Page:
Greetings from the excitement filled hallway of the UAS MS. As I write this article and I glance at the school calendar, I am in complete shock! The month of June is fast upon us, and As unbelievable as it may seem, the school year is quickly coming to an end. That said, there is still a lot of learning to be done, a lot of fun to be had, and we still have a lot of curriculum to cover, so hang on for a fast and frenzied ride to the finish line!! WOOHOO!!
As you know, the Holy month of Ramadan has begun. In recognition and celebration of Ramadan, I wanted to share with you some important facts recently provided to the entire staff by our Islamic Department.
- Ramadan is a special month of the year for over one billion Muslims throughout the world. Beginning with the sighting of the new crescent moon. It is a time for inner reflection, devotion to God, and self-control. Muslims think of it as a kind of tune-up for their spiritual lives. The third “pillar” or religious obligation of Islam.
- The month of Ramadan is a happy occasion; it is the month that the Muslim holy book, the Quran started revealing to Prophet Muhammad PBUH. Muslims are called by their religion to celebrate the month by coming together in worship, fasting each day for thirty days from dawn until sunset.
- During Ramadan, Muslims fast from dawn to sunset every day. This means not consuming food and drink, including water, during the daylight hours. Smoking are also forbidden during fasting. For married adults, it also includes refraining from marital relations during the hours of fasting.
- Muslims arise early in the morning during Ramadan to have a pre-dawn breakfast meal, known as “Suhoor”. At the end of the day, the fast is completed by taking the “Iftar” meal, which usually includes dates, fresh fruits, appetizers, beverages and dinner. Later in the evening, Muslims attend special night prayers called “Taraweeh” at their local mosque.
- Ramadan is also a time of intensive worship, reading of the Qur’an, giving charity, purifying one’s behavior, and doing good deeds. As a secondary goal, fasting is a way of experiencing hunger and developing sympathy for the less fortunate and learning to thankfulness and appreciation for all of God’s bounties.
- Not only does the fasting have spiritual benefits. Abstaining from food periodically will aid the body in cleansing itself from impurities. Fasting allows the body to rid itself of poisonous substances that can lead to serious illness and disease.
- The good that is acquired through the fast can be destroyed by – the telling of a lie, slander, denouncing someone behind his back, a false oath, greed or covetousness. These are considered offensive at all times but are most offensive during the Fast of Ramadan.
- Fasting is not an excuse. Although energy levels might be low, the point of fasting is not to slack off from our other duties and responsibilities. We believe that we are rewarded for continuing to work and produce during our fasts. Fasting is not a reason to push meetings or schedules.
- Keep in mind that we’re fasting joyously (despite the tired look on our face). In fact, we wait for this month the whole year, so you don’t have to feel sorry for us. We are not trying to be rescued.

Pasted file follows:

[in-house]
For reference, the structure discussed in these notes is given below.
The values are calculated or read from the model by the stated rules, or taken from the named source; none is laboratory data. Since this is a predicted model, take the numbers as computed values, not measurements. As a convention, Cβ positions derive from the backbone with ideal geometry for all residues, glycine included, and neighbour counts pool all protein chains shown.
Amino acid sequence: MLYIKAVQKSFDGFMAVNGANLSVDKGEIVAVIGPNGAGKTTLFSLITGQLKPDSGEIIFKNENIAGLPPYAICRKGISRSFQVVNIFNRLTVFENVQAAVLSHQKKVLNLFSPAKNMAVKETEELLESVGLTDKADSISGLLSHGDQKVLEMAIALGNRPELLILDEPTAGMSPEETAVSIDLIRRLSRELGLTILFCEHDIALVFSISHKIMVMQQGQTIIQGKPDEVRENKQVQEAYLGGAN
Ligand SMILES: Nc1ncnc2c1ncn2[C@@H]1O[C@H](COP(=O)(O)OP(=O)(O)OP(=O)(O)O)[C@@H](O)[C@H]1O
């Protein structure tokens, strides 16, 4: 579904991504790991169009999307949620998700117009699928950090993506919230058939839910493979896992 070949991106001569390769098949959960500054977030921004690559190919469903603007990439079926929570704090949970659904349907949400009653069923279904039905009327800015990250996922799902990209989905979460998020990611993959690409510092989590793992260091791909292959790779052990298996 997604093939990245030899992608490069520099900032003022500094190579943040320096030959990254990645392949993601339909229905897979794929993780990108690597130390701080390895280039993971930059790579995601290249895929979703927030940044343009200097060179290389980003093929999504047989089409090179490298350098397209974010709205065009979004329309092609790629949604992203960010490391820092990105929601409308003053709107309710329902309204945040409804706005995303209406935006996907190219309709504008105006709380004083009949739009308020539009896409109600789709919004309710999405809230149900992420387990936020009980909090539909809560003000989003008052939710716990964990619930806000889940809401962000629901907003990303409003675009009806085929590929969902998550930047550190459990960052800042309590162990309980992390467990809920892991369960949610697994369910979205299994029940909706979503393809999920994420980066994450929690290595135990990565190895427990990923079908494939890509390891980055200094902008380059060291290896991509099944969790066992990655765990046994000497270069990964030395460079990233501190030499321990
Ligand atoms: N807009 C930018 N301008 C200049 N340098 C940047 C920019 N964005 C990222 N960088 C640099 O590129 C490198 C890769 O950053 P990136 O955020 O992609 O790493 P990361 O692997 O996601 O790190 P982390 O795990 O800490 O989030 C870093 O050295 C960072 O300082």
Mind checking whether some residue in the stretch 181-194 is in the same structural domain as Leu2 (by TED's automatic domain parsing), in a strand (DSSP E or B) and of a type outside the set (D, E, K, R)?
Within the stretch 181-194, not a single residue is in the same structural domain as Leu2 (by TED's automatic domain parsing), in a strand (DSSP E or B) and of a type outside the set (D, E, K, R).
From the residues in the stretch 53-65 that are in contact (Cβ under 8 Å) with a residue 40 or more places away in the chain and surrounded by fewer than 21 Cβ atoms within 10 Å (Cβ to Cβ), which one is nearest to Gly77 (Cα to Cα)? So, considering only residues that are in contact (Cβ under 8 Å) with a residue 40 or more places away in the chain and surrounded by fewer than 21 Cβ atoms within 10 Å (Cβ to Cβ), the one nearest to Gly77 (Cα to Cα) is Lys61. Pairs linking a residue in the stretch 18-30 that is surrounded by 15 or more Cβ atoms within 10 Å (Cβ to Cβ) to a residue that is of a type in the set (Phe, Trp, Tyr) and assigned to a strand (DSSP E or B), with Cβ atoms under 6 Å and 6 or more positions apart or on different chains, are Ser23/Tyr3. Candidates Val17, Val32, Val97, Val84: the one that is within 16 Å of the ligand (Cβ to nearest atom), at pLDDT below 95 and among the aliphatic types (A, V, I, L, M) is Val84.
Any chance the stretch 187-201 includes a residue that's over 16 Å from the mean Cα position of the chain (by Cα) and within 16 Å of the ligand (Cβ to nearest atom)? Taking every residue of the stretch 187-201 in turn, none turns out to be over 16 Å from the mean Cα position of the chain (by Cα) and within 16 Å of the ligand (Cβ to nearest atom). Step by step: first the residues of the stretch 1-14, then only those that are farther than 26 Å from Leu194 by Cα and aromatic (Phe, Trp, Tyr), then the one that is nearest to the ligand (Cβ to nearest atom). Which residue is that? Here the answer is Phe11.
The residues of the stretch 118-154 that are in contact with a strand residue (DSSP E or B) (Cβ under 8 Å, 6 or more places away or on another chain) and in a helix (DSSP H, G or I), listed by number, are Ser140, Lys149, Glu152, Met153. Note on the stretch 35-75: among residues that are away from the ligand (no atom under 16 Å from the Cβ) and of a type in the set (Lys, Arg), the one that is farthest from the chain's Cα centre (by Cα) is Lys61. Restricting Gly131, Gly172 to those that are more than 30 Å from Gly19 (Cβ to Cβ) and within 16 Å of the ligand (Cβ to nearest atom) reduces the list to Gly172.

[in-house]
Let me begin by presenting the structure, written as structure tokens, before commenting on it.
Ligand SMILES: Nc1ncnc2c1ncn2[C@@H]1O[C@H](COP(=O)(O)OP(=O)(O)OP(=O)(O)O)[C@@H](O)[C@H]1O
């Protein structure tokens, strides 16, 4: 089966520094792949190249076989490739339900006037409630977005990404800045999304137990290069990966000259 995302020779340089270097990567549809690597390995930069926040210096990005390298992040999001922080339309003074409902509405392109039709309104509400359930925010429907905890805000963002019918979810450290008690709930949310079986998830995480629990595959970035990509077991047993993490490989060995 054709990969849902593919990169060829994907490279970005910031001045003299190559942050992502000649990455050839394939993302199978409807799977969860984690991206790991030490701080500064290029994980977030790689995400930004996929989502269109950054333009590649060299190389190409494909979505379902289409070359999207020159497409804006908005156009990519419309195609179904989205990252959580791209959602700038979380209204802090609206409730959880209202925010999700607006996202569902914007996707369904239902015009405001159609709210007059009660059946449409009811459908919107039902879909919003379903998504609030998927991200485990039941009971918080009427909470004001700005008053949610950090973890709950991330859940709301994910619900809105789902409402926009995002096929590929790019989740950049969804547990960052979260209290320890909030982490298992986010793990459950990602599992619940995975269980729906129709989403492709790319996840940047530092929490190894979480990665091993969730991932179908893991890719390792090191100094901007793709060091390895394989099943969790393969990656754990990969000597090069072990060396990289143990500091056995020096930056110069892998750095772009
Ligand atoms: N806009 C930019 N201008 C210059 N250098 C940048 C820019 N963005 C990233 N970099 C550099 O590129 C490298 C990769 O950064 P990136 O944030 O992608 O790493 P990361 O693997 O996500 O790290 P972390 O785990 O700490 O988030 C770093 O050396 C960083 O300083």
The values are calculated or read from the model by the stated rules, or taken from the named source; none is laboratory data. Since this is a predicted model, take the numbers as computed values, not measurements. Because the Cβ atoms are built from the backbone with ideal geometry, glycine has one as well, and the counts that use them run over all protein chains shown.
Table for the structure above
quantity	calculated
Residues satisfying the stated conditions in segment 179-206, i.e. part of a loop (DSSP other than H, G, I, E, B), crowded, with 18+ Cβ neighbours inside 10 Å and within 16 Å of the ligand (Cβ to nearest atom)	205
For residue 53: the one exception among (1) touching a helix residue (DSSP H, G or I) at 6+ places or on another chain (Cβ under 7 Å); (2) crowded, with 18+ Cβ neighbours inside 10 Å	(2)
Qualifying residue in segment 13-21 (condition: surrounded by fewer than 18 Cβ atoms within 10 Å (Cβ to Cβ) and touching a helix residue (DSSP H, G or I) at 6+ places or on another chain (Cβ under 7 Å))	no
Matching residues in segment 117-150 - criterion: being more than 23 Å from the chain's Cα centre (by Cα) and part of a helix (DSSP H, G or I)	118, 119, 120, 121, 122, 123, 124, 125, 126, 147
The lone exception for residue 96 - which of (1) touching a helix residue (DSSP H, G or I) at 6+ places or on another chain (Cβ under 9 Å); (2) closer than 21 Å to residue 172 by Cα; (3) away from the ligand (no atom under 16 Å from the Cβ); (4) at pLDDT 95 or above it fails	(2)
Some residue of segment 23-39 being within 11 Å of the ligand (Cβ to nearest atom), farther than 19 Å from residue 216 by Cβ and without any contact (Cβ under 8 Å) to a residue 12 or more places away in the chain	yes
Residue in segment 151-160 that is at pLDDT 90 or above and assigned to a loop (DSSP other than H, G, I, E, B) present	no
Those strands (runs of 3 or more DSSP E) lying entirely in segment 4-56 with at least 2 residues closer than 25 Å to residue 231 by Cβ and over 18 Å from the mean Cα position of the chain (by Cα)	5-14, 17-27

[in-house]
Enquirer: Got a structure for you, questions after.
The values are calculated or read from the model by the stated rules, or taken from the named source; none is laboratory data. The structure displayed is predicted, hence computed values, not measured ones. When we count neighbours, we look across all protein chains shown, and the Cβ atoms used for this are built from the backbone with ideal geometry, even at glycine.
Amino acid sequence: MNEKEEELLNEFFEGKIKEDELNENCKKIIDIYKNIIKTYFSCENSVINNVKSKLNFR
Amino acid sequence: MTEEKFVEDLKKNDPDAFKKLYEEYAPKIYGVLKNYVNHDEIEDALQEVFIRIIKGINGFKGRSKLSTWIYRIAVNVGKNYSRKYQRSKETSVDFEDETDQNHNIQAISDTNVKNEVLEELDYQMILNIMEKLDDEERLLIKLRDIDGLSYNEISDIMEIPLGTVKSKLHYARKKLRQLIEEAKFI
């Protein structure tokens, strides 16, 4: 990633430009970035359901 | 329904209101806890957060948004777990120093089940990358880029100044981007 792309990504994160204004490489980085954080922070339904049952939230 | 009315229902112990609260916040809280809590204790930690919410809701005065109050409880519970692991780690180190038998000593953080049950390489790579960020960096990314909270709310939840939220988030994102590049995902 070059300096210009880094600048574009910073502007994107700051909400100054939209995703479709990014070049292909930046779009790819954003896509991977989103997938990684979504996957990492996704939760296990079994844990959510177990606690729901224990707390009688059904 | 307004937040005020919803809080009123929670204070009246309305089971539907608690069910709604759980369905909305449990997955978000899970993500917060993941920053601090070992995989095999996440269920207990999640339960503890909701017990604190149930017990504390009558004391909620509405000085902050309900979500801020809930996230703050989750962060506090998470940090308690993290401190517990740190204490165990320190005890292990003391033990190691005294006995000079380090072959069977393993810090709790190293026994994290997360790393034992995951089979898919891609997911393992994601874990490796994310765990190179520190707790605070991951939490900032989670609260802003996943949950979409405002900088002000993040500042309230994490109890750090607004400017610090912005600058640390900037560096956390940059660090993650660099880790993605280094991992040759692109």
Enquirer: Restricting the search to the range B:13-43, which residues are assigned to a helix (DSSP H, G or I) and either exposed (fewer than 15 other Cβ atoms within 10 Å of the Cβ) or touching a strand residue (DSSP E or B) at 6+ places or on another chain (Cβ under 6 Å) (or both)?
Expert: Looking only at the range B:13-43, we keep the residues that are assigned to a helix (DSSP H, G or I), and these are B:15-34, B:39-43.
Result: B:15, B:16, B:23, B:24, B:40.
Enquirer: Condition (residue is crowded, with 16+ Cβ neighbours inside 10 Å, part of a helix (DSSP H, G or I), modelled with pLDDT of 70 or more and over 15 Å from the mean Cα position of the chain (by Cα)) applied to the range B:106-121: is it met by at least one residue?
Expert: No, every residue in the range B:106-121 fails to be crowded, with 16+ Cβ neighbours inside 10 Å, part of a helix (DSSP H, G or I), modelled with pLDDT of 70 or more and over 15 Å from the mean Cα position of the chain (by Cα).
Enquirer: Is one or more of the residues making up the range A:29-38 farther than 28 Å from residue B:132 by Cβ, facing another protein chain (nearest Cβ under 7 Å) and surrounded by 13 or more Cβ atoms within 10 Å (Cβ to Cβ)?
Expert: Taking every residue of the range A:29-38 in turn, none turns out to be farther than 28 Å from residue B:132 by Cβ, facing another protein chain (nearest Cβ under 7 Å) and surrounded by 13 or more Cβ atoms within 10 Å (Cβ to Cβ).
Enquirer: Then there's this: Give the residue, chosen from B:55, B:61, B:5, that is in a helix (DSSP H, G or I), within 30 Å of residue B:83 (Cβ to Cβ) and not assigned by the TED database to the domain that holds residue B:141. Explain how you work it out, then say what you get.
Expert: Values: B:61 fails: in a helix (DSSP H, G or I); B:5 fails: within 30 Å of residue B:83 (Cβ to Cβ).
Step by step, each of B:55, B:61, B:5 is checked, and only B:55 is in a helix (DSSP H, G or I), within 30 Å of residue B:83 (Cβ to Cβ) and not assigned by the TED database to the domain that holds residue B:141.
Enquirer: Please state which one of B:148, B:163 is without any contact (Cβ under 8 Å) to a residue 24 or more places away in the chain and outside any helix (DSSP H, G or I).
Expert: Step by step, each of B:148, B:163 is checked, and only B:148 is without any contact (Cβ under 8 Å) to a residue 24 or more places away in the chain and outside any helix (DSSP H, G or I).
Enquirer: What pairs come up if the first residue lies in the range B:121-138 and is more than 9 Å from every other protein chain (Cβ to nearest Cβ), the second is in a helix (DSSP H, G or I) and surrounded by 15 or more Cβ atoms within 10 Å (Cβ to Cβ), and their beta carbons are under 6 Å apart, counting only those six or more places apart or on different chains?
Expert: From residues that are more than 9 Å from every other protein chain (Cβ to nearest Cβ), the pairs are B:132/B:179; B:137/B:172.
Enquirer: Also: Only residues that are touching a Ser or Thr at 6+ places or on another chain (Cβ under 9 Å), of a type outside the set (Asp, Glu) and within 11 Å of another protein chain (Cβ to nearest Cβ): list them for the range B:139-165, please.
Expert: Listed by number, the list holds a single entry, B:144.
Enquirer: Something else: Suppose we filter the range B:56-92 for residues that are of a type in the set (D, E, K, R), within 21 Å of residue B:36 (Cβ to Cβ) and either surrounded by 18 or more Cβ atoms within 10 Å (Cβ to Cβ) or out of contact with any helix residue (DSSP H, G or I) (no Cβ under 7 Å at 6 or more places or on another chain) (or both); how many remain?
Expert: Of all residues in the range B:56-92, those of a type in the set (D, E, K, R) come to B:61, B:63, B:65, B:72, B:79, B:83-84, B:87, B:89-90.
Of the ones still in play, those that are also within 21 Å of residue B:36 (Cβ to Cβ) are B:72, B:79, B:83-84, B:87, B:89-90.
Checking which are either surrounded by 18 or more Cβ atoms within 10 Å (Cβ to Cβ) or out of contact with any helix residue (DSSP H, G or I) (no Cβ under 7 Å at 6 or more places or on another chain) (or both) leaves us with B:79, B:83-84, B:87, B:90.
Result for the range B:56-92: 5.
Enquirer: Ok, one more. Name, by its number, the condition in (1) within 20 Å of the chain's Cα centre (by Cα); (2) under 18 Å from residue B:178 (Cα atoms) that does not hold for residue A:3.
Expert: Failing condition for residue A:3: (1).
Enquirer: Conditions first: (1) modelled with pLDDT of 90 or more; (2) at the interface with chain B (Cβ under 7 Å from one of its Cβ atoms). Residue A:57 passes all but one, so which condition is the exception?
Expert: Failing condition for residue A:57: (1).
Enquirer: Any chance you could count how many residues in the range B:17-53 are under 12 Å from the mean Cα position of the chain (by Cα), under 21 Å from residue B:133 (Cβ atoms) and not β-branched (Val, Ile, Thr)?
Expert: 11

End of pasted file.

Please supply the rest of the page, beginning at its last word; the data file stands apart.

- After the end of Ramadan, a very festive and joyous holiday is celebrated by Muslims, known as Eid-ul-Fitr, the Festival of Breaking the Fast. On the day of the Eid, Muslims attend special congregational prayers in the morning, wearing their nicest clothes and perfumes. Muslims greet and hug one another, saying “Eid Mubarak”, which means “Holiday Blessings.” Muslim families visit each other’s homes and have special meals together. Children are often rewarded with gifts, money, and sweets.
Parents should note that the we are currently operating under a revised Ramadan schedule. As you are likely aware, the UAS MS and HS are both utilizing a revised time table which you will find below. Students who are fasting have access to a quiet room during the lunch break to rest. A separate room is being provided for each or our 3 grade levels. Students who are not fasting have been asked to only eat or drink water/juice within our cafeteria. In addition, no outside play is allowed during Ramadan. MS students are allowed to go to the library, the cafeteria, or the quiet room for their grade level. Due to the expected high temperatures, students are allowed to go outside, but are certainly being discouraged from spending any length of time in the sun.
2018 MS/HS Ramadan Timetable
8:00AM to 1:00PM
|MS timing||Length||Length||HS timing||HS|
|Period 1||8:00 – 8:45||45||45||8:00 – 8:45||Period 1|
|Period 2||8:50 – 9:35||45||45||8:50 – 9:35||Period 2|
|BREAK||9:35 – 9:50||15||15||9:35 – 9:50||BREAK|
|Period 3||9:55 – 10:40||45||45||9:55 – 10:40||Period 3|
|LUNCH||10:40 – 11:20||40||45||10:45 – 11:30||Period 4|
|Period 4||11:25 – 12:10||45||40||11:30 – 12:10||Lunch|
|Period 5||12:15 – 1:00||45||45||12:15 – 1:00||Period 5|
ID Cards Only in the Cafeteria
Parents should note that cash is no longer being accepted in the cafeteria. In order to purchase food or drink in the cafeteria, students must have money in their account and present their own identification card to be electronically scanned. Several announcements have been made to our students, and they are also aware of this change in practice.
Thank you for your attention to these details. Until our paths cross in person, please take good care and may peace be upon you.